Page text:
Poker Legislation

Written By Janice Doughtrey

A recent bill wishing to regulate online casinos has just cleared a couple of top Pennsylvania Senate committees last Tuesday, placing it in the way of a potential full- Senate vote. Earlier forms of this legislation cleared the House last month as well, a crucial step in advancing the bill to where it now stands. The Senate Community and the Economic and Recreational Development Committee, as well as the Senate Appropriations Committee, have just signed the omnibus bill that also permits daily fantasy sports regulations and a valid authorization for internet lottery sales.

The legislation, called House Bill 271, was amended just this week, and it included setting a new tax rate for online slot and table games to 54 percent while also calling for 16-percent taxations on internet poker revenue streams as a whole. As detailed by Online Poker Report, this industry has expressed added concerns with its recent 54-percent tax on non-poker games, a recent move that they claim may still be tweaked.
Pennsylvania’s 12 unique land-based casinos now pay 54 percent in taxes for all slot machine revenue. All of these casinos would become eligible for increased online gambling licenses under this new bill.

A web poker license, for instance, would cost approximately $5 million while any slot or table game license would likewise cost the same in turn. Pennsylvania has been diligently eyeing a potential $250 million gambling expansion for its funds. This legislation may be voted upon by the full Senate Committee as soon as next Wednesday. If it is successful there, then it will return to the House so that lawmakers may properly review the amendments imposed. The governor would also be required to sign this legislation before it becomes official law once and for all – yet with the possibility of amendment, not a retraction.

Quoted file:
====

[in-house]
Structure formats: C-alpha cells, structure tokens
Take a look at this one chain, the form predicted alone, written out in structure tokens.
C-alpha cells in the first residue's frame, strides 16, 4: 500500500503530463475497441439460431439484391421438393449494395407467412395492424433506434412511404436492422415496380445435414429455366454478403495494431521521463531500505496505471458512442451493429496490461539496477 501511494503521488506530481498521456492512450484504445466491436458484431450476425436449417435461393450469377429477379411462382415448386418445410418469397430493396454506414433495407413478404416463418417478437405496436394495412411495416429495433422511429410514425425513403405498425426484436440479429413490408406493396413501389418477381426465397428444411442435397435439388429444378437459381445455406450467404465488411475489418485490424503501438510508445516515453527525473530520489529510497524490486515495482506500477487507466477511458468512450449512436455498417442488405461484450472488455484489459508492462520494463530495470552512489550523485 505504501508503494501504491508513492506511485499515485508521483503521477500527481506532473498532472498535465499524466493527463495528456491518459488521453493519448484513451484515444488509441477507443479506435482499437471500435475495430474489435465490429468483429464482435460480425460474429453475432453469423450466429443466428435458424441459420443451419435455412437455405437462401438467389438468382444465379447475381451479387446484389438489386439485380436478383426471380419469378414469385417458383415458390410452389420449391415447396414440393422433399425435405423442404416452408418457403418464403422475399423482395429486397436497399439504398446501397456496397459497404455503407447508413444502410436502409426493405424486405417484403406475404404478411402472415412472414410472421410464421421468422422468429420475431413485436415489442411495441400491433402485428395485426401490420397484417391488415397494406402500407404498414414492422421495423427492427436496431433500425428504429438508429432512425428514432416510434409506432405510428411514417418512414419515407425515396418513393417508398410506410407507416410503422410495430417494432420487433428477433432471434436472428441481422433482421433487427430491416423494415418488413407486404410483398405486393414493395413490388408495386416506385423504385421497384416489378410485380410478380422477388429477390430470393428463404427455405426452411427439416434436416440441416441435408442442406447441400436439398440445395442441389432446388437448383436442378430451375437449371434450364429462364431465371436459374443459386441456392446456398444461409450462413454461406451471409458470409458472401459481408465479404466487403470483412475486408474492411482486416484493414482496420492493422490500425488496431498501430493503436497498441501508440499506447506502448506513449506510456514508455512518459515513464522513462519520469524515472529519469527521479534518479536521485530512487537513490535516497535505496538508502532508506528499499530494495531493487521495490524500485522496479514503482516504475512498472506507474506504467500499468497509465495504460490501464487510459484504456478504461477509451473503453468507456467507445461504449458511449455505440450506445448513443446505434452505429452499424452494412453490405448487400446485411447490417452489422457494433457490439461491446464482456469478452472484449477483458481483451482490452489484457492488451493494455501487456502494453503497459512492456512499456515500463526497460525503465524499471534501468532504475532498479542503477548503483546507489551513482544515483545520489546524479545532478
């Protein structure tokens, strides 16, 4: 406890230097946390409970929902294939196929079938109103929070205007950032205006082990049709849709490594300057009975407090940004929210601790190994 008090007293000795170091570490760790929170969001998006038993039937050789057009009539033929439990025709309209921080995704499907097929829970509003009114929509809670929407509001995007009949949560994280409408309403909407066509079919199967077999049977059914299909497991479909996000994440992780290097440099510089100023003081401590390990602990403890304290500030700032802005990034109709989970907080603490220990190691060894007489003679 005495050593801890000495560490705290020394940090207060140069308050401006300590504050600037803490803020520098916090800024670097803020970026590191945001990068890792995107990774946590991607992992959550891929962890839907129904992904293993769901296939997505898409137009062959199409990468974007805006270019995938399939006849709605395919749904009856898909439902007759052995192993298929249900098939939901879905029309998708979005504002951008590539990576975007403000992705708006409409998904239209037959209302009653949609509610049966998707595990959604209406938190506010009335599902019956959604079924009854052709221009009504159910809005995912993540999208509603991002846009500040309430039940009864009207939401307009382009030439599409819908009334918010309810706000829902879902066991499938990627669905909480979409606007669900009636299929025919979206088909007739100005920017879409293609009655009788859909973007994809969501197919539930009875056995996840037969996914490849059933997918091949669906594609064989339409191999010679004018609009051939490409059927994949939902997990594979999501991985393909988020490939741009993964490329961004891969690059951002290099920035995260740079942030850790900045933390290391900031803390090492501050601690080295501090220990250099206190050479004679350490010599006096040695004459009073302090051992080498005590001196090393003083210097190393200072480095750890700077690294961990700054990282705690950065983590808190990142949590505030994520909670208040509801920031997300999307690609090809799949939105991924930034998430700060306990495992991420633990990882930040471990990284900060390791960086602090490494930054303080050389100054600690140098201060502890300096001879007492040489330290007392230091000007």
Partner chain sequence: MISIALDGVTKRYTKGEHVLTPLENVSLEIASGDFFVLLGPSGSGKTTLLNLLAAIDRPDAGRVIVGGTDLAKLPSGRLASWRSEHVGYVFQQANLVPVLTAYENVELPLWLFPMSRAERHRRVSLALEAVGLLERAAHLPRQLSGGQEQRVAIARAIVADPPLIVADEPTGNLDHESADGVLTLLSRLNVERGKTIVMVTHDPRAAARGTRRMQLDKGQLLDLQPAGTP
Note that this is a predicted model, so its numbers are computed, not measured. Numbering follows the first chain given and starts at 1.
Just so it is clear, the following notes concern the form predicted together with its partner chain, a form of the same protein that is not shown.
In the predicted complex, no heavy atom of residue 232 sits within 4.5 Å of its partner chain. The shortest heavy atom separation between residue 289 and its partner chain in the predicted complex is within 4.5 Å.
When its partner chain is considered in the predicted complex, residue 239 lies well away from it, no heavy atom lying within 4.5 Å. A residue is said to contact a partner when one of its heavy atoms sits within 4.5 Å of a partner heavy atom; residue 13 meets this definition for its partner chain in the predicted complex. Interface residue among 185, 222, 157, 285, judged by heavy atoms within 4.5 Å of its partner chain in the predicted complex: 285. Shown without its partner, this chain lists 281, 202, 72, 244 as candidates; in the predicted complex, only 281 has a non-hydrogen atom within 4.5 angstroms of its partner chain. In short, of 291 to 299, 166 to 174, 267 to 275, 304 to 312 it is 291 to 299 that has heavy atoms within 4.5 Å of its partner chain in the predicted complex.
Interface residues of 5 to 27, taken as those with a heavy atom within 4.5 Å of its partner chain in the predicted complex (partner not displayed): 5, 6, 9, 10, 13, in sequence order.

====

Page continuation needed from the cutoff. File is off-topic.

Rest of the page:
This bill, as it has currently been written, appears more favorable to the games of poker than it does to the other online casino games, speaking primarily from a professional standpoint. Pennsylvania runs one of the highest-selling poker industries in the U.S. alone. Its brick-and-mortar poker rooms earned approximately $20.38 million throughout 2017’s first four months, an increase in at least 1.4 percent when compared to last year’s similar period: These poker rooms brought in $58.6 million within the calendar year 2016 alone, approximately $1 million more than all revenue generated in the year before that. Pennsylvania’s poker rooms have earned approximately $400 million since the first table games began within this Keystone State nearly over a decade ago.

It’s also been estimated that online gambling may add another estimated $300 million to the existing state’s gambling market. New Jersey’s $200 million in online gambling revenue has increased nearly 10 percent in contrast to Atlantic City’s recent gaming win. The problem is this: Pennsylvania’s $3 billion gambling market has not grown much in the last six years, provoking lawmakers to find other ways for this industry to earn. Pennsylvania opened its first casino in 2006.